Winter salads carry a different weight from those in other months. They are less likely to be a main dish, more likely to be counted on to offset the richness in the rest of the meal. And the element of surprise is never more essential.

The signature salad at Maremma in New York City is a perfect example. Mingling mellow lettuce with scrambled eggs and chunks of pancetta with fresh herbs, Insalata Pontormo is robust but delicate, filling but still light. It echoes the quintessential French winter salad with frisee, lardons and poached egg, but takes it to another, very Italian level.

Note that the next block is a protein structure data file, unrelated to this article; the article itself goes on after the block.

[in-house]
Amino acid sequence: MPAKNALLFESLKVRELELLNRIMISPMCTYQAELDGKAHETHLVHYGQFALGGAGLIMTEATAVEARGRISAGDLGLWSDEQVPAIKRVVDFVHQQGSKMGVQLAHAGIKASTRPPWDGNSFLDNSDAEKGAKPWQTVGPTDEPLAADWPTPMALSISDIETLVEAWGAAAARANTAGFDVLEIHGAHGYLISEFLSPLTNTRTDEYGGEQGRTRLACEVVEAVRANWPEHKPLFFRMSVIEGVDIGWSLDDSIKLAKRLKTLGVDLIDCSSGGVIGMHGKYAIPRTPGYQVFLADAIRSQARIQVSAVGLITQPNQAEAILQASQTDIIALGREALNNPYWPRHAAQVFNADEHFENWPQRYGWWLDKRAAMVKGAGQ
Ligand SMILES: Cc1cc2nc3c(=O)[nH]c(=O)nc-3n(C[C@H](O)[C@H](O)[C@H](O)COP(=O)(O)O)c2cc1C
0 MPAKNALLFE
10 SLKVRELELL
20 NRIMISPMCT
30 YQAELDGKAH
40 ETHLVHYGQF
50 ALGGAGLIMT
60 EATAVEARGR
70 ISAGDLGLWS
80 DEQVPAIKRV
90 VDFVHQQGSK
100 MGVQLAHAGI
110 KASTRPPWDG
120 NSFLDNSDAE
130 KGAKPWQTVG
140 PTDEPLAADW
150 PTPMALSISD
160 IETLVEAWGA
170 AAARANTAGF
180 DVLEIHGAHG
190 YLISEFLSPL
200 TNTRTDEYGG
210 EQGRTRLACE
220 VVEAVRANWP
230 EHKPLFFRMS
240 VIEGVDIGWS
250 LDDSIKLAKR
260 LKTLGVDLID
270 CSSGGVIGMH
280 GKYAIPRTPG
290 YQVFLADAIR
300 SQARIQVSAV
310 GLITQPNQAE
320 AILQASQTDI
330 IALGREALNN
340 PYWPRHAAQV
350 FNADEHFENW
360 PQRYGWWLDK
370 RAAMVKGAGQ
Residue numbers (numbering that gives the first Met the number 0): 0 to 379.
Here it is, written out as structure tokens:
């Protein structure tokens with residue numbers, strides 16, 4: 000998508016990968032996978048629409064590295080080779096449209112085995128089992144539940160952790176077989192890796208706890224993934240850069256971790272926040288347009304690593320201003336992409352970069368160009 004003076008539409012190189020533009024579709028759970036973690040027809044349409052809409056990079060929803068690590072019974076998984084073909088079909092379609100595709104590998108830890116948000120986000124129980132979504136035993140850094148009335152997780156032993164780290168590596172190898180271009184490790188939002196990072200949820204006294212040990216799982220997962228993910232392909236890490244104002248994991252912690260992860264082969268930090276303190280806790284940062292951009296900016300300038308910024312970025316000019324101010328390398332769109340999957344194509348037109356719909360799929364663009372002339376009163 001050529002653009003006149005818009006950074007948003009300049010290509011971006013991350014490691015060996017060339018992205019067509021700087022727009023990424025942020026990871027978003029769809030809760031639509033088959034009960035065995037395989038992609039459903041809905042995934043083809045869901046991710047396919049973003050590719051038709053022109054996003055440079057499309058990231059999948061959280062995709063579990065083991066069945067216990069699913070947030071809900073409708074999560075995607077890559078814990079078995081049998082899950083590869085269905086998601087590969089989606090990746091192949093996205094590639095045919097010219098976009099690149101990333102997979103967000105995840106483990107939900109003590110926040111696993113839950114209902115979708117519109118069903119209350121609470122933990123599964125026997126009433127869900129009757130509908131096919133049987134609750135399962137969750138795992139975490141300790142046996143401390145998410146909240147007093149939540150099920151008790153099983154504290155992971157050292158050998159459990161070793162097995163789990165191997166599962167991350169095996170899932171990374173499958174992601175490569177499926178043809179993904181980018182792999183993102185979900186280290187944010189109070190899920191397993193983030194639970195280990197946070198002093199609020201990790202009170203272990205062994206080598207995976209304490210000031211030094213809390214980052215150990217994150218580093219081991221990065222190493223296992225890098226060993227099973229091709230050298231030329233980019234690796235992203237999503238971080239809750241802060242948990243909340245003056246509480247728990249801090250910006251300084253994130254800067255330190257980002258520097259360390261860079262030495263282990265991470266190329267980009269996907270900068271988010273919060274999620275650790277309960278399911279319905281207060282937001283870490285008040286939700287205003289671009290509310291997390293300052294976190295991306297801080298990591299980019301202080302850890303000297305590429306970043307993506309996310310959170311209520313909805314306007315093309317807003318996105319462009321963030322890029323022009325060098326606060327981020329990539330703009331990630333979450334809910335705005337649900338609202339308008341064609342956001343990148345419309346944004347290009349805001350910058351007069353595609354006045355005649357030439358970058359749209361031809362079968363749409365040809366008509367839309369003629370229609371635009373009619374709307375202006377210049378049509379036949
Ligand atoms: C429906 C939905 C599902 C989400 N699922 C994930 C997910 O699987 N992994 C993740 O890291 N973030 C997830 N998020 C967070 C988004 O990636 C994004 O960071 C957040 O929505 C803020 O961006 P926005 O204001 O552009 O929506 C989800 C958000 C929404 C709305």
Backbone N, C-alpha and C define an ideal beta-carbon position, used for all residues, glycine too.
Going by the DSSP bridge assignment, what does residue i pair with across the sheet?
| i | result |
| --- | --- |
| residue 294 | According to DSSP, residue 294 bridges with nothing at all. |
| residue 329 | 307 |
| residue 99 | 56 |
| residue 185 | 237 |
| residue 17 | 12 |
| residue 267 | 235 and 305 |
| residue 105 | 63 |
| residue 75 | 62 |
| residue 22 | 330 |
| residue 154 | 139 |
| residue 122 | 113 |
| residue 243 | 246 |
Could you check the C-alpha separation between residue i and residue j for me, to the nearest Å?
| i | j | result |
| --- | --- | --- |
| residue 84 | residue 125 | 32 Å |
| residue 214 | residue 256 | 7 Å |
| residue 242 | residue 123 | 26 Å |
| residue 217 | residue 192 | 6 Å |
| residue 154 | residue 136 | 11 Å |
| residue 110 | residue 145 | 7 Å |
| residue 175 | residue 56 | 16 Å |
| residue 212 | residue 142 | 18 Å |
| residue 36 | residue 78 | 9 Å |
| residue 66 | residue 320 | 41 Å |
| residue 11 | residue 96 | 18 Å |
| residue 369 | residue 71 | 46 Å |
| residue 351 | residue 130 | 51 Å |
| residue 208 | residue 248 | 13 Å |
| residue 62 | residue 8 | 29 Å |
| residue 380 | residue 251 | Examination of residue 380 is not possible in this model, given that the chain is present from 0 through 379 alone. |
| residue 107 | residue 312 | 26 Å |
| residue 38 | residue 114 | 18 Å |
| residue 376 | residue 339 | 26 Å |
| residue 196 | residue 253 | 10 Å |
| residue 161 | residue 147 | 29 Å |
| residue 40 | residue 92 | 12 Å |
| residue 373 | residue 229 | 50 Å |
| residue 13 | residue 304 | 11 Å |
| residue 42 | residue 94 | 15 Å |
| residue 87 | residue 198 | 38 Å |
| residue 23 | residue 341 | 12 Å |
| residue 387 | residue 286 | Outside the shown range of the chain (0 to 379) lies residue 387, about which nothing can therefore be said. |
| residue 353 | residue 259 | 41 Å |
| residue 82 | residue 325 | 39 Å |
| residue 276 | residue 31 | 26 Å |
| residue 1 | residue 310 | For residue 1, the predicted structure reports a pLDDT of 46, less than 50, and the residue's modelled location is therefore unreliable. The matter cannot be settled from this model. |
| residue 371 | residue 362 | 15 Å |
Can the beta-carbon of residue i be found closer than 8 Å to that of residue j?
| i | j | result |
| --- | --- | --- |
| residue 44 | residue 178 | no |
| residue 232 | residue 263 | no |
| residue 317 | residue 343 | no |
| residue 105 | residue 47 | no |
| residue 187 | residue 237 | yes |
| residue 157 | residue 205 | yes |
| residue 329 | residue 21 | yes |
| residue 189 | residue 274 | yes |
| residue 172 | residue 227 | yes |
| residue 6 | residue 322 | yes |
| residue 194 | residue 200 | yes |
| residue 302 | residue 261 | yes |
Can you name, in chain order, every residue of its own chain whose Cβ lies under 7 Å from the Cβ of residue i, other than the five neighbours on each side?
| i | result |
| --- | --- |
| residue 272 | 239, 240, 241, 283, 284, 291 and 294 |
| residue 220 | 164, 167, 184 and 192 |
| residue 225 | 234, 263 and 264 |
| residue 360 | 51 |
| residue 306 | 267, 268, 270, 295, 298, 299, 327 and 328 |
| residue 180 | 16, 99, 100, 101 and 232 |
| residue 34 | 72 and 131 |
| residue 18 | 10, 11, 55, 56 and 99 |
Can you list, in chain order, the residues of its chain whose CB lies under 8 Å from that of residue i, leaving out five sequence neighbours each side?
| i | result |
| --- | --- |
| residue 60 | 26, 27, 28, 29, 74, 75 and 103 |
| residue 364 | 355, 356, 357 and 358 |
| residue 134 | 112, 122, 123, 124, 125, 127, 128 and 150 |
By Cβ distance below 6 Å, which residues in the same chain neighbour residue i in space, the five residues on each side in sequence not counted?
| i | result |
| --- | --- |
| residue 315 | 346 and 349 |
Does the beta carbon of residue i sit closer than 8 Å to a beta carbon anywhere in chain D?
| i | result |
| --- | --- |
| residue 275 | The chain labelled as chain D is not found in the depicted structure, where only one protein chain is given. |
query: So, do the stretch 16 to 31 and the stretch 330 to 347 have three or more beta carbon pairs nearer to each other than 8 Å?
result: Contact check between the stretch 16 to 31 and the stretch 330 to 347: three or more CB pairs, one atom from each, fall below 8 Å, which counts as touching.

Cesare Casella, the chef-owner who dreamed it up and named it after a favorite Florentine painter, keeps it on the menu year-round. But it really is the ideal winter salad, soothing and warming in the color green. You could eat it before a plate of osso buco, or all by itself as supper, and feel equally satisfied.

Other winter salads are much more season-specific, mingling citrus, pomegranate, dried fruit, nuts and other ingredients that are so essential to a winter larder. Combinations that would seem polar in summertime are ideal now, and probably no one understands that more than Suzanne Goin of Lucques and A.O.C. in Los Angeles.

"My idea of salad in winter is similar to my take on salad in general," she says. "It's a way of celebrating what's around now. I'm a big fruit-and-vegetable fan, and that becomes the focus for me."